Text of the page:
AN AIRLINE blunder caused a grandmother to be wrongly banned from her easyJet flight earlier this year, after cabin crew confused the post-Brexit passport rules.
Mary Rankin had planned a big family trip to Disneyland Paris in April, to celebrate her 70th birthday.
Photolibrary – GettyMary Rankin had booked to go to Disneyland with her family for her 70th birthday[/caption]
However, when she arrived at Glasgow airport, she was informed by airline staff that her passport didn’t meet new post-Brexit rules and she would not be able to board the plane.
Regulations established in 2021 state that, for Brits heading to the EU, their passport must have been issued no more than 10 years before entry to the EU with an expiry date of at least three months after the day of intended departure from the EU.
Ms Rankin’s passport satisfied both criteria, as it was issued on July 15, 2012 and expired on March 15, 2023.
However, she was still prevented from flying as she had intended.
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Fortunately, Ms Rankin was able to hastily book an appointment at the Glasgow passport office and managed to fly out the same day, meaning she didn’t miss out on her holiday.
However, it was stress that she simply didn’t need to be put through.
Speaking to the Independent, her granddaughter Nicola Gow, said: “This was meant to be a special holiday and while we were lucky to still go on our trip, we still incurred additional costs, lost time at our destination and had the stress of trying to resolve the situation.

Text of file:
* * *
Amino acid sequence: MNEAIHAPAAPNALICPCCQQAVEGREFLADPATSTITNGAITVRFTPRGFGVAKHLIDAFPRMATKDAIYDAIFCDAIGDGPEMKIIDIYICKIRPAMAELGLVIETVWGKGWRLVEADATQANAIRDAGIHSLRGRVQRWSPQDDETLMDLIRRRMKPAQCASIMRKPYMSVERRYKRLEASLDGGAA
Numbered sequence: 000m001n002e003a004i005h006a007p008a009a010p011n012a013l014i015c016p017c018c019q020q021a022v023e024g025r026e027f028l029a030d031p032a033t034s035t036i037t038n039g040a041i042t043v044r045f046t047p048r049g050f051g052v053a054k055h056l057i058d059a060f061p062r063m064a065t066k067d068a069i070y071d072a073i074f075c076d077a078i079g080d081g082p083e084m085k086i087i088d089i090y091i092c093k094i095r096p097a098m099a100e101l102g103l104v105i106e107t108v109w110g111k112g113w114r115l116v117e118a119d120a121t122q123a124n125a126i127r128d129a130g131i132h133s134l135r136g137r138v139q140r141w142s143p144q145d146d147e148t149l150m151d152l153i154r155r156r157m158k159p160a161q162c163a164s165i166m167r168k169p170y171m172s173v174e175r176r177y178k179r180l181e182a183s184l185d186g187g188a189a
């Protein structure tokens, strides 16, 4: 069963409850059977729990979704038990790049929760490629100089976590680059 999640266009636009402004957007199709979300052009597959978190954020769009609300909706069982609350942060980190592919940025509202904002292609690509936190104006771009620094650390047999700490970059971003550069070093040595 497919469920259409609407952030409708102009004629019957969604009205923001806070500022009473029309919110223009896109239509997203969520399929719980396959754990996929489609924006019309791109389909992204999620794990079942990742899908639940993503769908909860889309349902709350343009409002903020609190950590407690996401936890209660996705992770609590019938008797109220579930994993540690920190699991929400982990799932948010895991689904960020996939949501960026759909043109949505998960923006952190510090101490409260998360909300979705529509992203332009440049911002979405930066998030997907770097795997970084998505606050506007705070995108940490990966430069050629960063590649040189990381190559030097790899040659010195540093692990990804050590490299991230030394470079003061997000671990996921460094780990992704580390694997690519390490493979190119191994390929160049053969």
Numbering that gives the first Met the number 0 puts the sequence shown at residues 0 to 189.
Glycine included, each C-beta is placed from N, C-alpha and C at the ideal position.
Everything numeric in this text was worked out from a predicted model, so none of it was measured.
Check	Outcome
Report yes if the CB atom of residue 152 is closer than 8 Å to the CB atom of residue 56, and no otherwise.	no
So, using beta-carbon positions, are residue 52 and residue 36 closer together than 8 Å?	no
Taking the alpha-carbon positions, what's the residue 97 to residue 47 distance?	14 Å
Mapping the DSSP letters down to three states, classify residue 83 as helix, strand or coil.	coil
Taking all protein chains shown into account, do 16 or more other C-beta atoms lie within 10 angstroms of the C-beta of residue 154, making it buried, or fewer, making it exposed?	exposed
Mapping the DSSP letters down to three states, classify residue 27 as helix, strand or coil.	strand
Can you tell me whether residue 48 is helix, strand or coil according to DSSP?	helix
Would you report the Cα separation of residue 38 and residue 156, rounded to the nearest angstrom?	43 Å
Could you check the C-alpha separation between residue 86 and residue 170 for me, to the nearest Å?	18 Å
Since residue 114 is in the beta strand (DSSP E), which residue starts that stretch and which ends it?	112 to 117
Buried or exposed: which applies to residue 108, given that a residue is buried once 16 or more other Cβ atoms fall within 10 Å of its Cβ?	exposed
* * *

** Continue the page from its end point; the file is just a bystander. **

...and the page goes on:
“Had we not been so lucky, we would not have made it on our trip.”
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Despite the airline’s mix up, it took easyJet over three months to agree to a refund and to pay for the additional costs.
Ms Gow claimed that the airline initially refused to acknowledge their error, saying that her grandmother’s passport details were not valid for travel.
However, after being challenged on their assessment, easyJet finally agreed they had been in the wrong.
A spokesperson from the airline told Sun Online Travel: “We are very sorry that Ms Rankin was incorrectly denied boarding to her flight and for the delay in compensating her.
“This was unfortunately due to a misunderstanding of relevant passport validity rules at the time by the team at the gate which has since been clarified, and by the advisor assisting with the claim and so we are reissuing guidance to our customer teams, to ensure current passport validity rules are clear.
“We are in touch with the family to apologise for their experience, reimburse them for their alternative travel expenses and provide the compensation due.
“Should any other cases of this nature be brought to our attention we will of course review and provide compensation where it is due.”
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AFPEasyJet prevented Ms Rankin from boarding her flight despite her passport being valid[/caption]